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SBD/April 7, 2014/Events and Attractions
AT&T Stadium A Finalist To Host Another Final Four Despite Mixed Reviews For Basketball
Published April 7, 2014
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TOO BIG IN TEXAS? In Dallas, Brad Townsend noted Saturday's Final Four "energized a college basketball record crowd of 79,444" at AT&T Stadium, topping the previous record crowd of 78,129 set during a Kentucky-Michigan State game at Ford Field in '03. However, "perturbed members of the media" before Saturday's first game were "tweeting about up to two-hour waits for shuttle service from designated media hotels in Dallas to AT&T Stadium, as well as traffic backups once en route." Other reporters "questioned the practicality of having a basketball game in such a huge stadium, even with its giant video board" (DALLAS MORNING NEWS, 4/6). In San Antonio, Tim Griffin reports Emmert "gave playing the Final Four at AT&T Stadium a firm endorsement." The crowd for tonight's Kentucky-UConn championship "could be even bigger" than Saturday's record crowd (SAN ANTONIO EXPRESS-NEWS, 4/7). Emmert yesterday said of holding the event in stadiums, "The reality is that you can get 80,000 people in to watch a game, and that’s pretty exciting. There may be people that like to be in a tighter arena, but not the 60,000 that wouldn’t be there" (DALLAS MORNING NEWS, 4/7).
MONEY, IT'S A HIT: In N.Y., Juliet Macur wrote the atmosphere at AT&T Stadium, with "stands that splay way out from the court, was nothing like it was for the East Regional final, held last week" at MSG. While MSG "shook with excitement," the "sounds of the college bands and the cheers were lost inside this Grand Canyon." The games at AT&T Stadium to most fans "had virtually become a silent movie." The Final Four now "goes from one domed stadium to another," which is "all good if the NCAA wants to promote basketball as entertainment and pour money into its bank account." However, playing in stadiums is bad if the NCAA "wants to showcase the game and its student-athletes." The event "needs 60,000 seats or more to meet ticket demand." NCAA VP/Men's Basketball Dan Gavitt said, "The committee just feels like they want to make sure those that want to attend this event can attend it. ... I love basketball in an arena, but this has become the standard for this event. I do think fans like it. The feedback that we get from the players over the years is that the players like it, too" (N.Y. TIMES, 4/6). However, the WALL STREET JOURNAL's Jason Gay writes having the Final Four at "Jerry's Gilded Palace is not the greatest look for the NCAA, which is surrounded by charges that it has lost its soul in a money fog" (WALL STREET JOURNAL, 4/7).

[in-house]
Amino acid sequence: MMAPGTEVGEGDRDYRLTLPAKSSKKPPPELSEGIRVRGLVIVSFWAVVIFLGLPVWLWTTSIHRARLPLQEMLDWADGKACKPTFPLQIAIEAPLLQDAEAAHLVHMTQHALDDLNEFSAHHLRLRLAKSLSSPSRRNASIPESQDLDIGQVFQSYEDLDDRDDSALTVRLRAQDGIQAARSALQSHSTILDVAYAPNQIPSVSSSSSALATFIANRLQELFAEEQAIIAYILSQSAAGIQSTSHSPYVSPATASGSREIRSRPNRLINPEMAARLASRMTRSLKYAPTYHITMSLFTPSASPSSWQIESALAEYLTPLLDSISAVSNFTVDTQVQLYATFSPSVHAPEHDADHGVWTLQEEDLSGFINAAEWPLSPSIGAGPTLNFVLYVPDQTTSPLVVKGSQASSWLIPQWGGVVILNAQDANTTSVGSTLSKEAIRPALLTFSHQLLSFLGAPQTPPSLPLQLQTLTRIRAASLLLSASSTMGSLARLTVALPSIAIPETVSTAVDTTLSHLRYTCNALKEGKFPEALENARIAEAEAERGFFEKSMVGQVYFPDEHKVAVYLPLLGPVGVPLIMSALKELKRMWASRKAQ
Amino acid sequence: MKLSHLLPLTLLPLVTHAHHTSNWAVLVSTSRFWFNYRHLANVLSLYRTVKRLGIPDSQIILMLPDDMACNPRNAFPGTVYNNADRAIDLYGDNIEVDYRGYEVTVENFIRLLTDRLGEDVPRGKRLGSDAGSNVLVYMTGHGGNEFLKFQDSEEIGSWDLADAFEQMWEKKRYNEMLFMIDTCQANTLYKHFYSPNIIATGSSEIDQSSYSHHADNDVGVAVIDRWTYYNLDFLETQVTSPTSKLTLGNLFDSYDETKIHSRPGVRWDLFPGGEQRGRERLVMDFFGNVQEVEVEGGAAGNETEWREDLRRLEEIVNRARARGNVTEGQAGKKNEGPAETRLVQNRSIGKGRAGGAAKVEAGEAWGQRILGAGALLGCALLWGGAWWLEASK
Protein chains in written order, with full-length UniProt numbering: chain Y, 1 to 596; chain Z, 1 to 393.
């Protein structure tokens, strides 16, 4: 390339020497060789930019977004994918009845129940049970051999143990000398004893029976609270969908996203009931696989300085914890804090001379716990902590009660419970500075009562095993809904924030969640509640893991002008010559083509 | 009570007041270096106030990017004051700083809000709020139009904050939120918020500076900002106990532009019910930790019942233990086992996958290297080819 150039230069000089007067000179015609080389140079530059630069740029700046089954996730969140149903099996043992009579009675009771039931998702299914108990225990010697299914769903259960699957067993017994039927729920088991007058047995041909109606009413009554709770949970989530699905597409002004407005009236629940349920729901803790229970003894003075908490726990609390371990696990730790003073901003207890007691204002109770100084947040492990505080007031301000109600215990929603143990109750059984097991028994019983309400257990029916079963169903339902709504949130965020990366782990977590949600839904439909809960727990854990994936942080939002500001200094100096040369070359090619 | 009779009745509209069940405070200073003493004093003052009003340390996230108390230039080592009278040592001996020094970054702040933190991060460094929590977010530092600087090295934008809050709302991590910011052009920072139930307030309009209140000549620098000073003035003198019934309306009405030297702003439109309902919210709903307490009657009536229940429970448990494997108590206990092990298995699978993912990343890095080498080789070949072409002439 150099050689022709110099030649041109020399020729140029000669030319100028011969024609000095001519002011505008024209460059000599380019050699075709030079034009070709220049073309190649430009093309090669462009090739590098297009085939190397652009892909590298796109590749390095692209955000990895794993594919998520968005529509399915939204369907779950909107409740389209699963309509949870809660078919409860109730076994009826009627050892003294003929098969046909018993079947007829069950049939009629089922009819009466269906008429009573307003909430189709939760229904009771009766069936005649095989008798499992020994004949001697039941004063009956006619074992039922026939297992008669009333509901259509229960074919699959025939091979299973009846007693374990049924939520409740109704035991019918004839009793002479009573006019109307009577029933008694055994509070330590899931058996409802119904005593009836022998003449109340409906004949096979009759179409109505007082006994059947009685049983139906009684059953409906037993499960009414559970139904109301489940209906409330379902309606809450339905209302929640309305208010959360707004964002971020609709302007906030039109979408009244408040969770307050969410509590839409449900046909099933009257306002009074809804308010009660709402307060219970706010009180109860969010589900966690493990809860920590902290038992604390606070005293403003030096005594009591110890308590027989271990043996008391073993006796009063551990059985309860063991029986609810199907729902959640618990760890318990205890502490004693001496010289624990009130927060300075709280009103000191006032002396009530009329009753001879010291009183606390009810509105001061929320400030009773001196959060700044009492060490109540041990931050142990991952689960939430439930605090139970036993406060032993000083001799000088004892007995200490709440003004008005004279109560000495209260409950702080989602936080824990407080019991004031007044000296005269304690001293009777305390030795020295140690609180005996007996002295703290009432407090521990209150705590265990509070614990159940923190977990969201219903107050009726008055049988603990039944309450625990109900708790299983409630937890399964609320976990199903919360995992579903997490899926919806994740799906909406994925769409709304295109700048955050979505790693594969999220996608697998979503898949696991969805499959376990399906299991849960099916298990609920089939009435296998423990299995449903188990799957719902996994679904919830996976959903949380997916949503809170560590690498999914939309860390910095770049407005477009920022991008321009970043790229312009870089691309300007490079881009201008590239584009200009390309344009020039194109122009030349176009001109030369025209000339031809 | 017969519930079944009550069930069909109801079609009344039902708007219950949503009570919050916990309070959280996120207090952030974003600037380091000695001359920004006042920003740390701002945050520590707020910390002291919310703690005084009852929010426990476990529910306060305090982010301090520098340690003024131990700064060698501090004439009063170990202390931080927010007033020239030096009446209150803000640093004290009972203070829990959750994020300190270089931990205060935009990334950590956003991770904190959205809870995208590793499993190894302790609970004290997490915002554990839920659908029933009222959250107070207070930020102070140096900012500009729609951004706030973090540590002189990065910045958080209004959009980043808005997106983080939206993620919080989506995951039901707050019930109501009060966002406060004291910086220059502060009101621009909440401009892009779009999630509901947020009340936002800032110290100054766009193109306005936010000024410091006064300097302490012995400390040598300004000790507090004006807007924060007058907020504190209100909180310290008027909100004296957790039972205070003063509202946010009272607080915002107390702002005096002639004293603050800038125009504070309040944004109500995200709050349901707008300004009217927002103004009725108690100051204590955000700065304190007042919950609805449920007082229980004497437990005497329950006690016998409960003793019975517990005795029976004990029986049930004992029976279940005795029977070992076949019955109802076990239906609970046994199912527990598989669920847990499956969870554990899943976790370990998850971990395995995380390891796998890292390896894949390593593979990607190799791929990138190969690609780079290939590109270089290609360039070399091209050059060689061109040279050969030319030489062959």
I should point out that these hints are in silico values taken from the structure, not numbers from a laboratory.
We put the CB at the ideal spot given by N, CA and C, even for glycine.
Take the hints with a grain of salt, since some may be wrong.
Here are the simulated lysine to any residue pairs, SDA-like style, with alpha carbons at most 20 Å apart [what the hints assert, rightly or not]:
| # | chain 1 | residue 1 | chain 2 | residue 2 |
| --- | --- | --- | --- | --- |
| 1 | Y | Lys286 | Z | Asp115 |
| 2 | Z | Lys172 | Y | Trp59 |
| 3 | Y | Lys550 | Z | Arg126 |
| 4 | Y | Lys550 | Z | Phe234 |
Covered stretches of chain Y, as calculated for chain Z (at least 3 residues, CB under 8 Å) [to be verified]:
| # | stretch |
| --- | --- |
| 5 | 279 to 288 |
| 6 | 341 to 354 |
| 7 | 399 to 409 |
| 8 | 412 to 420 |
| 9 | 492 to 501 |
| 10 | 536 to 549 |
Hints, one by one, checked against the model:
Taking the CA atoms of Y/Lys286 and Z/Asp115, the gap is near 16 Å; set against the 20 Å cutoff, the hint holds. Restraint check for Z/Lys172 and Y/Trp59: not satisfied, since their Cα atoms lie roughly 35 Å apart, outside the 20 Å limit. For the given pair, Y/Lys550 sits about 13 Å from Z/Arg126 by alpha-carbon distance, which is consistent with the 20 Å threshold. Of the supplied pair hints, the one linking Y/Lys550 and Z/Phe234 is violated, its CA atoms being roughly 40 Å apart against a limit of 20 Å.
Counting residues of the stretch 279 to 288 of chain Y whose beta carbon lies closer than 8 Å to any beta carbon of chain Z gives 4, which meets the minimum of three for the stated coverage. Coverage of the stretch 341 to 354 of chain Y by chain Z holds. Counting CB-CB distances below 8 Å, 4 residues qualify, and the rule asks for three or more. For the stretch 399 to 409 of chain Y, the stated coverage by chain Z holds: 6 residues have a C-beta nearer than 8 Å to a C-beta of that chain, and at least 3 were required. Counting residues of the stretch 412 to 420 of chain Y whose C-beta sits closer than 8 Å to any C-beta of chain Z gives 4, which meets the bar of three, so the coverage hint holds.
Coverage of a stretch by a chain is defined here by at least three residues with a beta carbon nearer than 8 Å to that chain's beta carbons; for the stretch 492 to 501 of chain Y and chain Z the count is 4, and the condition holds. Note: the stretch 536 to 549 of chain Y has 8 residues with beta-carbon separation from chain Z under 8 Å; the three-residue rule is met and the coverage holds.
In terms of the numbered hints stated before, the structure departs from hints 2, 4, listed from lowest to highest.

HOW'S THE VIEW UP THERE? Wisconsin F Frank Kaminsky said of playing in AT&T Stadium, "It kind of feels like we're outside to a point. If you look by means of the backboard, it seems like every little thing is so far away. It really is an insane venue. I feel it's too big, honestly." TNT’s Steve Kerr said, "Basketball was meant to be played in an arena, in a gym. Not in a football stadium" (DENVER POST, 4/6). In Dallas, Jon Machota wrote it is "not breaking news but AT&T Stadium is a terrible basketball venue." Fans in the upper bowl "are so far away from the action that they have to watch the majority of the game on the big screen" (DALLAS MORNING NEWS, 4/6). But in Ft. Worth, Mac Engel wrote under the header, "Jerry World Has Helped Re-Define What An OK Seat Is At A Sporting Event." Fans' expectations have "changed so much ... when we attend these massive events held in places such as Jerry World." They "don't expect a great seat any more" (STAR-TELEGRAM.com, 4/4). Also in Ft. Worth, Tim Madigan wrote under the header, "Distant Seats Are No Cause For Complaint At Final Four." The AT&T Stadium big screen, "larger than the court itself, loomed directly in front" of fans and "provided crisp images of drops of pregame player sweat" (FT. WORTH STAR-TELEGRAM, 4/6).
LONE STAR LOGISTICS: In Dallas, Hallman & Formby wrote there were "few major security or transportation problems at the Final Four games in Arlington or events in downtown Dallas." Dallas Area Rapid Transit "proved its ability to be a viable regional transportation alternative during major events" (DALLAS MORNING NEWS, 4/6).